Helene had no literary theories — she had literary values. She valued clarity and transparency. She had nothing against style, if it didn’t distract from the material. Her blue pencil struck at redundancy, at confusion, at authorial vanity, at the wrong and the false word, at the unearned conclusion. She loved good writing, therefore she loved the reader: good writing did not cause the reader to stumble over meaning. By the time Helene was finished with me seven years later, I knew how to read a sentence and how to fix one. I knew what a sentence was supposed to do. I began to write my own sentences; needless to say, the responsibility for them is my own.

Essay – What My Copy Editor Taught Me –

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Content Versus Quality

On blogs and list serves there was some discussion recently about the Kirkus piece, “Reader Beware,” in which editor Vicky Smith discussed the decision to not give an unnamed book a star because of copy-editing problems:

After consultation, the reviewer and I agreed that although we both felt the story deserved a starred review, it should not receive one; we felt we had to look at the book as a whole, and the whole included too many grammatical faults to ignore.

Many thought the book in question was The Hunger Games, which I had found an exhilarating read.  Spelling and usage have been problems for me my whole life; I have enormous trouble seeing my own errors (I kiss the ground of those who invented spell and grammar checks:) so rarely notice them in books I read.  That certainly doesn’t mean that it is okay for them to be there, just that they don’t register when I read so they don’t affect my appreciation of a book.

What does bother me is poor writing. Clunky sentences, overdoing the telling rather than showing, trite situations, and repeating lame metaphors or similes are things I do notice. I am taken out of the story when I see too much of it.  And there sure was too much of it for me in the much-admired Little Brother.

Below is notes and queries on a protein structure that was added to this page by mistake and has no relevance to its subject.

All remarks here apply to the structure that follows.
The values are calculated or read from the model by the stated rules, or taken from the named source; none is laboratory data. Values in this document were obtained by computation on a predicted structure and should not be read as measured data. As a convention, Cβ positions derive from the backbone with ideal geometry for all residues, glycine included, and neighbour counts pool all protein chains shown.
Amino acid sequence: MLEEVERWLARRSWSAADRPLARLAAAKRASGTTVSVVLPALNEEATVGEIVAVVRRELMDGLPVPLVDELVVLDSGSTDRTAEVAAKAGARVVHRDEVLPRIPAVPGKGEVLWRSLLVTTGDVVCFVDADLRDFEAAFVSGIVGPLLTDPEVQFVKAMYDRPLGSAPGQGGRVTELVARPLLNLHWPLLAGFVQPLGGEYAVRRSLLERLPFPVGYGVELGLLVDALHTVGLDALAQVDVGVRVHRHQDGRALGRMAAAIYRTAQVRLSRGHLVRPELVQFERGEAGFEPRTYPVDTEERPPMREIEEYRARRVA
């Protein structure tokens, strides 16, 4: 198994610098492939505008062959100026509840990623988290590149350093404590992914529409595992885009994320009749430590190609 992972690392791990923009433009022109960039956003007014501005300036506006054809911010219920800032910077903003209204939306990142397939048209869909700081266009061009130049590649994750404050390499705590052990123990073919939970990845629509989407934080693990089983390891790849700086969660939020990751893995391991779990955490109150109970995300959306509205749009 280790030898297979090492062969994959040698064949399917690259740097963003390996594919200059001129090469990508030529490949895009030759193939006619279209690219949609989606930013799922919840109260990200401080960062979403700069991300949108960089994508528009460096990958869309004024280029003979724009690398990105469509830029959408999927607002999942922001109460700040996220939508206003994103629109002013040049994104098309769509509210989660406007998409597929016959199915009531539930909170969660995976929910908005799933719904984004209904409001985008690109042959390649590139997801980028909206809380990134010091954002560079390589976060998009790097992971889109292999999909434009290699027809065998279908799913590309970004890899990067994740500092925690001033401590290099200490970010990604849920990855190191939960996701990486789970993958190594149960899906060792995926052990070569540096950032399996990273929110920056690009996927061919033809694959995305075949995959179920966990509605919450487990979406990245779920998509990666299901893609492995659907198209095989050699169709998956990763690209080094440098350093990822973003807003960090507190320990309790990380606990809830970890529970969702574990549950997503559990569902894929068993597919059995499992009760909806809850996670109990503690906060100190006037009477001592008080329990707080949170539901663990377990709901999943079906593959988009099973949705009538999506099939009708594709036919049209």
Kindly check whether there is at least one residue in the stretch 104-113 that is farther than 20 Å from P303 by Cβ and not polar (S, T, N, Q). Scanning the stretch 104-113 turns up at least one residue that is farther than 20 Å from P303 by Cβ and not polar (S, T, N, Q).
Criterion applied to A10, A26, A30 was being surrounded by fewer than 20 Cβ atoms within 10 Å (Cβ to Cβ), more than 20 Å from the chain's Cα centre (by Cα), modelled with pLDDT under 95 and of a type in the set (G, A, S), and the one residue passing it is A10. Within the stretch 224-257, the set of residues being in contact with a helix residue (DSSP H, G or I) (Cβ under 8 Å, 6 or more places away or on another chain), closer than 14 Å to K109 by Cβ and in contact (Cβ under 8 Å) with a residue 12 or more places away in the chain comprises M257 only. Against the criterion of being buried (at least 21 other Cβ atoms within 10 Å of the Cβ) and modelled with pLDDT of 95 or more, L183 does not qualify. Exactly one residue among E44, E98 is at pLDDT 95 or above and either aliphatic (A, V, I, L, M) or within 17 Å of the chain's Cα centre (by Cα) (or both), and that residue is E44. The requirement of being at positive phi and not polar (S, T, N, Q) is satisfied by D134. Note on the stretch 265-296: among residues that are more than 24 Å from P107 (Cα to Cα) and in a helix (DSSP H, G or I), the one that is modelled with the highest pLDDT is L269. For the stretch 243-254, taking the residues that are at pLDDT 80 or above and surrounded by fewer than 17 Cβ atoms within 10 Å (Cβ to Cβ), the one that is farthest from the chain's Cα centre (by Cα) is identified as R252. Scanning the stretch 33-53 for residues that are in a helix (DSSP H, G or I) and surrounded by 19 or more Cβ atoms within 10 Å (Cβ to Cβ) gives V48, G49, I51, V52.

I had bought the book and taken it on a long plane ride eager to dive into it.  And then the writing tripped me up.  Again and again.  A character kept “pissing like a racehorse.”  Once, maybe, but more than once?  Some characters seemed to have been created purely to give speeches or to be one-dimensional figures in opposition to the main character. Others were barely developed (notably the main character’s best friend) and seemed to exist purely to advance the plot.  Parents came and went in completely unbelievable ways. The romantic (and sex) scenes made me cringe.

Yet reviewers and readers alike seemed to feel such clunky writing didn’t matter because the message was so important.  Austin Grossman in the New York Times writes:

Doctorow’s characters tend to speak on behalf of the ideas they represent, as when the teenage protagonist stagily debates his Homeland Security interrogator: “I thought I lived in a country where I had rights. You’re talking about defending my freedom by tearing up the Bill of Rights.”

At such moments, “Little Brother” is trying to make speeches, and it would be unfair to judge the writing by other standards, but it does lead to a few awkward shifts in tone. After a disquisition on Inter­net protocols, it’s a little uncomfortable having to hear about Marcus’s first real kiss; it’s like spotting a favorite professor eating lunch.

So I guess I just wonder about this. Is it easier to catch those proofreading errors and to overlook clunky writing?  Is the clunky writing less important?  I don’t have any answers, but am struck by the different reactions to these two otherwise enthusiastically-received books.


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Oscar’s Disrobing

“…being a writer is about as difficult as taking off a t-shirt.”

From Nick Green‘s “Bathtime Parable” — a thoroughly charming reverie on how the shirt-shedding of a toddler is like writing.

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Whether it’s adult fiction or children’s stories, celebrity novelists are big business – even if they may not have actually written the words. So, wonders Stephanie Merritt, what drives ‘real’ authors to ghostwrite these bestsellers?

The book wot I wrote | By genre | Book